Wednesday, November 21, 2012

The size of a Turkish square meter








This time we will look into something that should seem quite simple - which is the size of a square meter.


Let us first take a look at what Wikipedia has to say related to the subject:


The square metre (British spelling) or square meter (American spelling) is an unit of area...

It is defined as the area of a square whose sides measure exactly one metre.


For those who are particularly interested in the subject it is worth noticing that 1m2 equals 0.000001 km2 (square kilometers) or 10.000 cm2 (square centimeters).


A question to which Wikipedia does not answer is what the size of a Turkish square meter is.

Because one thing that experience has taught us, is that one (1) European m2 and one (1) Turkish square meter are not equal.


This is most obvious when we receive the floor plans for the units we promote. These are often quite exaggerated and often we see 2-bedroom apartments of 150m2.

But visiting the apartment in question often reveals another story.
Or to put it another way: The 150m2 apartment turns out to be just 100m2.


Main reason for this:

- Measuring square meters in Turkey are not subject to any standard decided by law. Each constructor and developer are therefor measuring based on their own system.
Handing out wrong information is of course not legal, but often firestairs, hall area, elevator area and inside service shafts are included in the total squaremeter figures.

- Also estate agents are not subject to a certain standard when informing clients about apartment size. Each estate agent are determining themselves how to measure and no public records are available/ hard to access.

This means that figures given for each apartment are approximate and often tends to be a bit positive, so to speak.


In the end....

- Never trust the figures given by estate agents, private sellers or constructors entirely. In case the property is already constructed this is of course less problematic since you as a buyer can view and visit the unit in question and see for your self how big - or how small - the apartment really is.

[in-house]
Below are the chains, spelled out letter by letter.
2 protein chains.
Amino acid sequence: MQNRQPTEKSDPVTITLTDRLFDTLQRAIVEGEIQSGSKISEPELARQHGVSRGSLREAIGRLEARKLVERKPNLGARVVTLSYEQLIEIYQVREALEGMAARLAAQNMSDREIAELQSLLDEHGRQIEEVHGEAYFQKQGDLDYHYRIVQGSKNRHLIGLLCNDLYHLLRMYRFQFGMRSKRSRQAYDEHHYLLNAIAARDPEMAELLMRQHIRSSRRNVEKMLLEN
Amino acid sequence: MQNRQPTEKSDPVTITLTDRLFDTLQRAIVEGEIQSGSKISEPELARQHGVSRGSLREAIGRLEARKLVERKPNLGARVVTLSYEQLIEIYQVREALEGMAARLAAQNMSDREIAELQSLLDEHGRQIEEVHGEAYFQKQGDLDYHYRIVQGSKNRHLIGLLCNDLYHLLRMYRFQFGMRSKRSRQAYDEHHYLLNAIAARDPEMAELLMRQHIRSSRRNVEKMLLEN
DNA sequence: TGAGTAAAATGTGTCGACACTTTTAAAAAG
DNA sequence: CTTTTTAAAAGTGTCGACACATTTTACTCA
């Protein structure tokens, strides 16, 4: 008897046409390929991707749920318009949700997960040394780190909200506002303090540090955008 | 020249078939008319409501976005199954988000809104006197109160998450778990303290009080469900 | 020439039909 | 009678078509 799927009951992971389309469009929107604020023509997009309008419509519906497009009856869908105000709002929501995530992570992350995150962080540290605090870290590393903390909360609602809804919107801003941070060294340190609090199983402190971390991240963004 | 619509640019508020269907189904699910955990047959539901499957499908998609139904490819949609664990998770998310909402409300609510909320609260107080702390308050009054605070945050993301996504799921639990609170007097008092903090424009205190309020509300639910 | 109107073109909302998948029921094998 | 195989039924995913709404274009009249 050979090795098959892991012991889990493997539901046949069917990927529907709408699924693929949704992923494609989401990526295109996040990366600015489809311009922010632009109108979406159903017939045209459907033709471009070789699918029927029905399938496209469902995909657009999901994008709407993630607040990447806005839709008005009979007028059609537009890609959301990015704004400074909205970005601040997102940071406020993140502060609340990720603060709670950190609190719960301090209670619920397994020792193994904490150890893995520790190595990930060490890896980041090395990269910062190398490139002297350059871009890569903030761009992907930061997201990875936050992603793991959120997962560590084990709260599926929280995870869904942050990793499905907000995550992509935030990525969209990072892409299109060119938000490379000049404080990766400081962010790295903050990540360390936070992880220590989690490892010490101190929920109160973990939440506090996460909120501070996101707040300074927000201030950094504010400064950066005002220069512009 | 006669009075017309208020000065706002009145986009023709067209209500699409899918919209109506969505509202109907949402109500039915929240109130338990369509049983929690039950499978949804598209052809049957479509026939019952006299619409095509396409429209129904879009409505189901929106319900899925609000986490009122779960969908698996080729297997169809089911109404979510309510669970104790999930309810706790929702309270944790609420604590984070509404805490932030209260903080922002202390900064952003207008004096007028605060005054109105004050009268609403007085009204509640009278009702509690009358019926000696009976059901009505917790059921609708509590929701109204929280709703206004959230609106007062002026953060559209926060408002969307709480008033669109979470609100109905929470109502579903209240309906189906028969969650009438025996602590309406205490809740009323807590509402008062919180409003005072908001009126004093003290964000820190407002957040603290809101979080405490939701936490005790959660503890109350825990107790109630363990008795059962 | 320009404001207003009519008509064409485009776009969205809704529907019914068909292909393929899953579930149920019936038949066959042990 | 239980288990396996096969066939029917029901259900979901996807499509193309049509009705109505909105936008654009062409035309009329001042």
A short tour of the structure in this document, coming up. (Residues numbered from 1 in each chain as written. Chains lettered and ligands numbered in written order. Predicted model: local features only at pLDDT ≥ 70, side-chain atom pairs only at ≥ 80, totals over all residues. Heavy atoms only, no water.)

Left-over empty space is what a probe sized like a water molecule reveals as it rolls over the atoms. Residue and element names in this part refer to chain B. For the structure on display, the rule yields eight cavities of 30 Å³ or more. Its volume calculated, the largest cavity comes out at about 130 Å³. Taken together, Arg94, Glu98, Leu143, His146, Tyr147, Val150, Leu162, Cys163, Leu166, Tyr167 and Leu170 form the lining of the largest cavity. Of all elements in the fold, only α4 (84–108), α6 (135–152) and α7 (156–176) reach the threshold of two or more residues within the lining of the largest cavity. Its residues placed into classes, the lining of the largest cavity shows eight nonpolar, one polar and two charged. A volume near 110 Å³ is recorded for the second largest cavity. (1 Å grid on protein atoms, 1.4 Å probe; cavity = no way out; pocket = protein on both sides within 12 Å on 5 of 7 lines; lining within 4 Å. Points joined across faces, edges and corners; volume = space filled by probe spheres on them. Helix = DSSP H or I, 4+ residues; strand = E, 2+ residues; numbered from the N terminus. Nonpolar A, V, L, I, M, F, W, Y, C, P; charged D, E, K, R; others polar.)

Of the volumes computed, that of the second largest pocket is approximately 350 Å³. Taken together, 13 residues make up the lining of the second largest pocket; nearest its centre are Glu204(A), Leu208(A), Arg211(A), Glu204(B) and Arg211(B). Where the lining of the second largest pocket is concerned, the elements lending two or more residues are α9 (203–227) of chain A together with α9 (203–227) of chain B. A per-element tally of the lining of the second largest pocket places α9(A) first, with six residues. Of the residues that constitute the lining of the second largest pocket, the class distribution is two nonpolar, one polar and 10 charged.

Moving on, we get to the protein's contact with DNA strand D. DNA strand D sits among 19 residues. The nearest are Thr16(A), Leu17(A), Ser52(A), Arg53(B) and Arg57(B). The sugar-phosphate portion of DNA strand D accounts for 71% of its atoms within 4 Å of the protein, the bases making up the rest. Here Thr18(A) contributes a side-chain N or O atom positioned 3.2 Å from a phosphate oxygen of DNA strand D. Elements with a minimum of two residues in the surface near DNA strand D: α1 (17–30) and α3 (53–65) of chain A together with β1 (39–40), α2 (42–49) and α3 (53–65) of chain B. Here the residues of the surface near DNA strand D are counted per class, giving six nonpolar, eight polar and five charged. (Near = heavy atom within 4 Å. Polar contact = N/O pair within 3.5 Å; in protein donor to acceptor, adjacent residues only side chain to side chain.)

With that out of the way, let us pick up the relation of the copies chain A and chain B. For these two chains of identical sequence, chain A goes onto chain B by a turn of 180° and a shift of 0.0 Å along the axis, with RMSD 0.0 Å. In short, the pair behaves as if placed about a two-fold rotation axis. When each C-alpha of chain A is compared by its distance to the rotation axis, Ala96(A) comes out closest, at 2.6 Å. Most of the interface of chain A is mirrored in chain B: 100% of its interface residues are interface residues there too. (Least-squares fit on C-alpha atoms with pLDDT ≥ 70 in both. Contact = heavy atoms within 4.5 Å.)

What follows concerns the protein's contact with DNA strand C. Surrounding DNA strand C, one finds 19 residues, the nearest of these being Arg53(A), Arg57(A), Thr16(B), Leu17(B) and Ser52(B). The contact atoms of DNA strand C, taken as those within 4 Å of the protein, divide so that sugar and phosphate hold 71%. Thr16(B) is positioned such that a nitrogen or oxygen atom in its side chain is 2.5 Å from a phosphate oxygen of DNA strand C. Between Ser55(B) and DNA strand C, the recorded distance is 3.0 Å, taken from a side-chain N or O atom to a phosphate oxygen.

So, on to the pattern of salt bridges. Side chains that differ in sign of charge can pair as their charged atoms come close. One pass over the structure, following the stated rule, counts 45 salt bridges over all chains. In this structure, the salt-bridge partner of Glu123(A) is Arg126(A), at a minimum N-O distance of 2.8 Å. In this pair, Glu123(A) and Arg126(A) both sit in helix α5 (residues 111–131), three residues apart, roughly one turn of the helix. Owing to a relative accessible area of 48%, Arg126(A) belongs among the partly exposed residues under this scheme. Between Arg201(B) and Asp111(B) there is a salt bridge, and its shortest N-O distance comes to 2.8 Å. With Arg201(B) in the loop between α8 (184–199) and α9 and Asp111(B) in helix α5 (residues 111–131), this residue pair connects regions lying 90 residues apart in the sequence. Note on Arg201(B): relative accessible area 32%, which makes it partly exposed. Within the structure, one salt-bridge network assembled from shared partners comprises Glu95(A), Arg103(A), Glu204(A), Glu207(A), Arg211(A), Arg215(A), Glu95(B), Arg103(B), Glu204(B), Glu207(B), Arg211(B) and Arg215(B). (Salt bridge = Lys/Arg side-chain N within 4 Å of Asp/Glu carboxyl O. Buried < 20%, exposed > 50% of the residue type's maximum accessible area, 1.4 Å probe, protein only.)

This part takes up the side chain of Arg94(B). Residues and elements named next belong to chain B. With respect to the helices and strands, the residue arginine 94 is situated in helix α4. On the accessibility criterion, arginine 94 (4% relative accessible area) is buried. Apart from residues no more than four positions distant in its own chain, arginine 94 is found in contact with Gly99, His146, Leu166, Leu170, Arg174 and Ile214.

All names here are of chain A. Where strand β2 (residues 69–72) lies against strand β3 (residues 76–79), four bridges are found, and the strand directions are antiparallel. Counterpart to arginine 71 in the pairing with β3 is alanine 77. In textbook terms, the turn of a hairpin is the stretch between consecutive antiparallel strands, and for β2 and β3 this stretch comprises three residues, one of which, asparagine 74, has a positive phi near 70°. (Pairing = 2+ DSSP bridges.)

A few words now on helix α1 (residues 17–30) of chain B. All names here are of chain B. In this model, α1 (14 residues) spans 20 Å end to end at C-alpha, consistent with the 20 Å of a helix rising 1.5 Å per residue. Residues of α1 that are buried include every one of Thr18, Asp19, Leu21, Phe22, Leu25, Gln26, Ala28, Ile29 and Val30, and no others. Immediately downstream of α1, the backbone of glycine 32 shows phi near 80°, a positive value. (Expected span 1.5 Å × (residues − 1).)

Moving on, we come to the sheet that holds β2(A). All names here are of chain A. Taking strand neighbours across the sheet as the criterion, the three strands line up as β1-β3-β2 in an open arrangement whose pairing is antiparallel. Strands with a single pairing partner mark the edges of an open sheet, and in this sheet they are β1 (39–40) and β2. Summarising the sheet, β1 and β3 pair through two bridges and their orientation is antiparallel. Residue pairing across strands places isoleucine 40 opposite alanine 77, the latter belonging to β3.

- In case the unit in question is an off-plan apartment and not yet build, you as a buyer should always ask for the floor plans and inside measurements - wall to wall - of the apartment.
In that way you can fairly easy calculate the correct figures your self.

Get the size of the apartment written into the buying agreement and make sure to specify that in case the apartment turns out to be smaller than agreed, you will be entitled to compensation.

- In general when looking for a new holiday home: Do not get blinded by huge figures and apartments that on the paper seems to be extremely large.

- At www.2base.com we always try to give exact and correct figures. When promoting off-plan projects we use the figures provided by the constructor. And as explained above, these should sometimes be considered more as guidelines than as a fact.

In general we try to use a gross-figure that consists if the amount of livable square meters plus balconies.

Furthermore we always try to have floor plans available, but often they do not exist.


In case there are questions related to any of the square meter figures on our web site, please do not hesitate to contact us.




This blog-post is written by 2Base Estate Agency & My2Base Holiday Homes
Visit us online:
Holiday Homes for sale: www.2base.com
Letting & Services: www.my2base.com
Online Shop: www.my2baseshop.com